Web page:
The eyes and ears of the smart factory

Cyber-physical systems need to be aware of their surroundings. That is only possible with sensors which are becoming more and more intelligent as Industry 4.0 advances.

Sensors are indeed the sensory organs of Industry 4.0, because without them production plant would be deaf and blind. The trend towards decentralisation in automation – culminating (for the time being) in the Smart Factory – is driving the demand for more and more smart sensors. In its recent study “Sensor Trends 2014”, the German Association for Sensors and Measurement AMA found that previously quite simple sensors are increasingly being developed into more highly integrated and intelligent sensor systems. And the range of functionality which sensors provide is continually increasing: they perform their own error correction computations, monitor themselves, or have their own communications interfaces. In distributed sensor networks, they are even able to generate their own power, using energy harvesting to draw power from light, heat or vibration.
Image processing and the associated imaging sensors play a key role in Industry 4.0. Production and imaging are already closely interlinked today. Image processing systems collect, interpret and evaluate data. With appropriate configuration and preparation, they are able to identify trends and potential sources of defects in the production process at an early stage. The possible applications for image processing systems will increase even more in future, in areas such as classic quality assurance procedures, automated parts feed, completeness monitoring, and in helping robots to see.

MEMS in focus

Thanks to their capabilities and their compact form factor, micro-electro-mechanical systems (MEMS) are a key factor for Industry 4.0. They are tiny devices usually combining one or more sensors, actuators and control electronics on a single chip. MEMS sensors contain micro-structures made of silicon which shift when their housings are moved even fractions of a thousandth of a millimetre, and change their electrical properties as a result. That change can be measured, and converted into a data stream. State-of-the-art MEMS sensors are able to measure an increasingly wide range of variables – such as pressure, acceleration, rotary motion, mass flow or the earth’s magnetic field – in a single module, and are becoming steadily more intelligent too.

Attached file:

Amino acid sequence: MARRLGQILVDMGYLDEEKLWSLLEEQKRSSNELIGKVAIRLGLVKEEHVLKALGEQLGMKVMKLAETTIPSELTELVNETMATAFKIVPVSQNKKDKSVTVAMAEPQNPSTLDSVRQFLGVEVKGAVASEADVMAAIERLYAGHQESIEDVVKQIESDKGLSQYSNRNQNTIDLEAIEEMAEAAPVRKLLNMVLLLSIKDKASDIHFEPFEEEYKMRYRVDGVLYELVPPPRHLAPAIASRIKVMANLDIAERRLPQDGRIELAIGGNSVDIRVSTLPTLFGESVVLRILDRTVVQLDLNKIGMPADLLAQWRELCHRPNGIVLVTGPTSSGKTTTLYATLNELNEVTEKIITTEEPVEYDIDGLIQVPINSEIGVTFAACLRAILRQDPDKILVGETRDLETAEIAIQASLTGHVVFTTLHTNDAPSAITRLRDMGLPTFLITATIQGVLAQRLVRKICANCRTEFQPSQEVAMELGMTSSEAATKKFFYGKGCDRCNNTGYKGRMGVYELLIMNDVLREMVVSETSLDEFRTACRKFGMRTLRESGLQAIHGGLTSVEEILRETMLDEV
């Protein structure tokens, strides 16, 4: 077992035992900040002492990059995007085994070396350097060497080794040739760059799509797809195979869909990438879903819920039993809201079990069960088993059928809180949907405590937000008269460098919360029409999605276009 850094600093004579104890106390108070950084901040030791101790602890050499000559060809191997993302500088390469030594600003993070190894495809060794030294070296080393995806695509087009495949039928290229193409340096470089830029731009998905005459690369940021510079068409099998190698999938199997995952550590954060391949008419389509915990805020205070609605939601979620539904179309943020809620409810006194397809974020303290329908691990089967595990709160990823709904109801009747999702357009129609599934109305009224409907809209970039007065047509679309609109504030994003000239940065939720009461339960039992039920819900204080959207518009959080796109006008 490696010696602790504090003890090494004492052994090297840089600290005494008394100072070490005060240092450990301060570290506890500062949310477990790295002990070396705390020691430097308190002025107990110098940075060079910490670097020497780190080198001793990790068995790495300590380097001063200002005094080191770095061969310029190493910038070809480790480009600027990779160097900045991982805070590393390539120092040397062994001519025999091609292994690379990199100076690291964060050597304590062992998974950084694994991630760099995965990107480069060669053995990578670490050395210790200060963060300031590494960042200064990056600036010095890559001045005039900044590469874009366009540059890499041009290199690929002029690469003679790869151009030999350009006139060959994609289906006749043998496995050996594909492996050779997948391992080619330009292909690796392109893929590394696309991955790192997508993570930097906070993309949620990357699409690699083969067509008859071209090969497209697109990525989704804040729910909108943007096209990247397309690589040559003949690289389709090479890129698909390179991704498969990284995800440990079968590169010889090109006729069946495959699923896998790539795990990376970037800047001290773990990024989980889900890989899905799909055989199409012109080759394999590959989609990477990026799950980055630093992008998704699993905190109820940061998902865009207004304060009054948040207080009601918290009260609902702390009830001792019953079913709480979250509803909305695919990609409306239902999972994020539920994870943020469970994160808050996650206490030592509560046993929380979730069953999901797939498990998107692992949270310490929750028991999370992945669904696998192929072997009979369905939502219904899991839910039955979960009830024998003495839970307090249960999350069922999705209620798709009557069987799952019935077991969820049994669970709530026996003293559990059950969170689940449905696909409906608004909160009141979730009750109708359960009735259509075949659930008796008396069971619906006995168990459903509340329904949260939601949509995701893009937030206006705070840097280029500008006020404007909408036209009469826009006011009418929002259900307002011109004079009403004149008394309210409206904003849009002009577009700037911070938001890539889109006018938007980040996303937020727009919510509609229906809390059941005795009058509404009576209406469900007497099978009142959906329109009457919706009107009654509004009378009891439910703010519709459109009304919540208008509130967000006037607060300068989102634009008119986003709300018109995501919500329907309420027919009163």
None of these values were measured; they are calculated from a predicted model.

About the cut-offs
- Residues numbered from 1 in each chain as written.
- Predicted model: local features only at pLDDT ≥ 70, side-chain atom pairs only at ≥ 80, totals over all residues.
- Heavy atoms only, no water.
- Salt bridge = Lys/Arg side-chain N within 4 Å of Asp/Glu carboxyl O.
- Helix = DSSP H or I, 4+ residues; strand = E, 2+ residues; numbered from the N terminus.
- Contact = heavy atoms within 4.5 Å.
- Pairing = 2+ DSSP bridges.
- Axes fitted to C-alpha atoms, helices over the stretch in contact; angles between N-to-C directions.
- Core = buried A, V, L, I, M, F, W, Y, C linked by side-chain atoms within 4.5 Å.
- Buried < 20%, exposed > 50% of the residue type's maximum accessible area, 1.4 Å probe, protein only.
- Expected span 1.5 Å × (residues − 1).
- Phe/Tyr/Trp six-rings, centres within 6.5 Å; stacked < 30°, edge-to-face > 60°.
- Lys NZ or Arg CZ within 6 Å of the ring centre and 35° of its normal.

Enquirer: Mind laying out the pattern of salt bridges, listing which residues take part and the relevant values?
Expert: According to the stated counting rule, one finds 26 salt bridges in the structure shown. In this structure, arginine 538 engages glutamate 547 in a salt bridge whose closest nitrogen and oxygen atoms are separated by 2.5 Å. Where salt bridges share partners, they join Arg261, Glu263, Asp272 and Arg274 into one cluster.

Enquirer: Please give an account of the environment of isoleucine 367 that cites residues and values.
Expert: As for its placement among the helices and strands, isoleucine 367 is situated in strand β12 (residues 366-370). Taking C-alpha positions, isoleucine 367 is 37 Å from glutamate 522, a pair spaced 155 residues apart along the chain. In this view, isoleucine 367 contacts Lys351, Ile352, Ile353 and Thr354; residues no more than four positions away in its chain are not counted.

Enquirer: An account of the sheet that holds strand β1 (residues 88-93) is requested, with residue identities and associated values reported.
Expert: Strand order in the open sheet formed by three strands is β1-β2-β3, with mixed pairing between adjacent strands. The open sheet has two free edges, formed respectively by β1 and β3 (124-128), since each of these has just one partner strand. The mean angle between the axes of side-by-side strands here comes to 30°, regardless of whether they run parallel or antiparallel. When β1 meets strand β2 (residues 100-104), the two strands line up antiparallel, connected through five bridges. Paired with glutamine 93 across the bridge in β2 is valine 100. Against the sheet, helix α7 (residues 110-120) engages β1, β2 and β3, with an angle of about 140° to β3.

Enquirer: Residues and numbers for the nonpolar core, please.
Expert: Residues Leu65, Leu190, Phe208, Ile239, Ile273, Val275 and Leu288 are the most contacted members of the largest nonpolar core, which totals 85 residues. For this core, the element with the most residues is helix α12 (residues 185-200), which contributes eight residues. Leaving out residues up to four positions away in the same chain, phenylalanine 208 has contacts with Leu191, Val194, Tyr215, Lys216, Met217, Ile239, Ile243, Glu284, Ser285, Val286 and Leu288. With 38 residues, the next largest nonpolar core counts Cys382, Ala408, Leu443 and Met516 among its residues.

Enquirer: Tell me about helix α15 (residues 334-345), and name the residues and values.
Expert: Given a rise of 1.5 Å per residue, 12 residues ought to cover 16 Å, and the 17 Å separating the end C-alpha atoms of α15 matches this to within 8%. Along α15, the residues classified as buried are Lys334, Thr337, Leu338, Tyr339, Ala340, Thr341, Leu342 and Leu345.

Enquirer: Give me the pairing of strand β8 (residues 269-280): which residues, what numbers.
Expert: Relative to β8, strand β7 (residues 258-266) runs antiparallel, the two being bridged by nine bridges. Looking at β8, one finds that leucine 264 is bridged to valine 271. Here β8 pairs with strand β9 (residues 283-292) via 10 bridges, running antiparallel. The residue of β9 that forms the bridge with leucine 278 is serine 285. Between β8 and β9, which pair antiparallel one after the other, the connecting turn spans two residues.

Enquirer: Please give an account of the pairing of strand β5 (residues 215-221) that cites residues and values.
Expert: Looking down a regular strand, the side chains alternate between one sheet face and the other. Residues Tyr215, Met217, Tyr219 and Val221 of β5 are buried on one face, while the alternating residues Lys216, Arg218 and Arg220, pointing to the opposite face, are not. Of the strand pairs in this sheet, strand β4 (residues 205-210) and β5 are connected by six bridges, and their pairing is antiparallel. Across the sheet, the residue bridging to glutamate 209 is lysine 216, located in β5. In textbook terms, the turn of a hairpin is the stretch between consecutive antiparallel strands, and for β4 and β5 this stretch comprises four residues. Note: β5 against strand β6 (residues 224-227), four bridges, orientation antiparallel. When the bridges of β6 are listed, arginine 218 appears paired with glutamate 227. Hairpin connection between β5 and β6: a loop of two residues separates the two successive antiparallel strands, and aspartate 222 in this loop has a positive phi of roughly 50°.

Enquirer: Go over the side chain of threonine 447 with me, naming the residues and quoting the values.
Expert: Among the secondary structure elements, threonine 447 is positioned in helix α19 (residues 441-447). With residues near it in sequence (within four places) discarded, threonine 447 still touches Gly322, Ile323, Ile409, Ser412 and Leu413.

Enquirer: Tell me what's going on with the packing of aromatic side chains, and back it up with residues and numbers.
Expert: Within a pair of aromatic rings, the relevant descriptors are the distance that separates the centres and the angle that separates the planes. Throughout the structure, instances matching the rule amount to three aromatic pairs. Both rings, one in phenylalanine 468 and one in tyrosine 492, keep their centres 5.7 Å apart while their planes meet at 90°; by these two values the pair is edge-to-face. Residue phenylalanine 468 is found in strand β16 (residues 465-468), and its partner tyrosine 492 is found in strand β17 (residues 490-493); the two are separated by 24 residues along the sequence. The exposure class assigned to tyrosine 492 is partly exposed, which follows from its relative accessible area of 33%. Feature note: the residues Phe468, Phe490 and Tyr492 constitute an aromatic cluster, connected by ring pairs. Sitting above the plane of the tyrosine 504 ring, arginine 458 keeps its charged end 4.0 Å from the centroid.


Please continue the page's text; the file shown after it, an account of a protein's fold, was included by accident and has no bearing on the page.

Only relevant information is transmitted

They are tiny, with some components measuring just four micrometres – that’s a seventeenth of the breadth of a human hair. Because micro-mechanical sensors transmit only weak electrical signals, the modules house integrated electronics alongside the sensor – or in some cases even directly on the same chip. The electronics unit processes the small signals, amplifying them and converting them into digital data. This enables MEMS sensors to send data directly to control units. Dedicated software is enabling MEMS increasingly to evaluate data as well as merely processing signals. The aim is not to transmit raw data, but only the actually relevant information. So instead of lots of measurements, only limit values or disturbance variables are sent. Here’s an example: Whereas conventional temperature sensors continuously transmit the current temperature, a smart sensor only reports if a critical temperature is exceeded. That is a key factor in minimising network data volumes, especially in view of the large number of interconnected cyber-physical systems in the Smart Factory.

A key technology

MEMS units comprising sensors, signal processing, power supply and transmitter components are now so small, energy-saving and cheap that billions of them can be deployed. Consequently, MEMS represent the key technology when it comes to interconnecting the Internet of Things. They have found a strong market in recent years particularly in smartphones and tablets. But for MEMS also to be used in the industrial environment, they must be made more robust.

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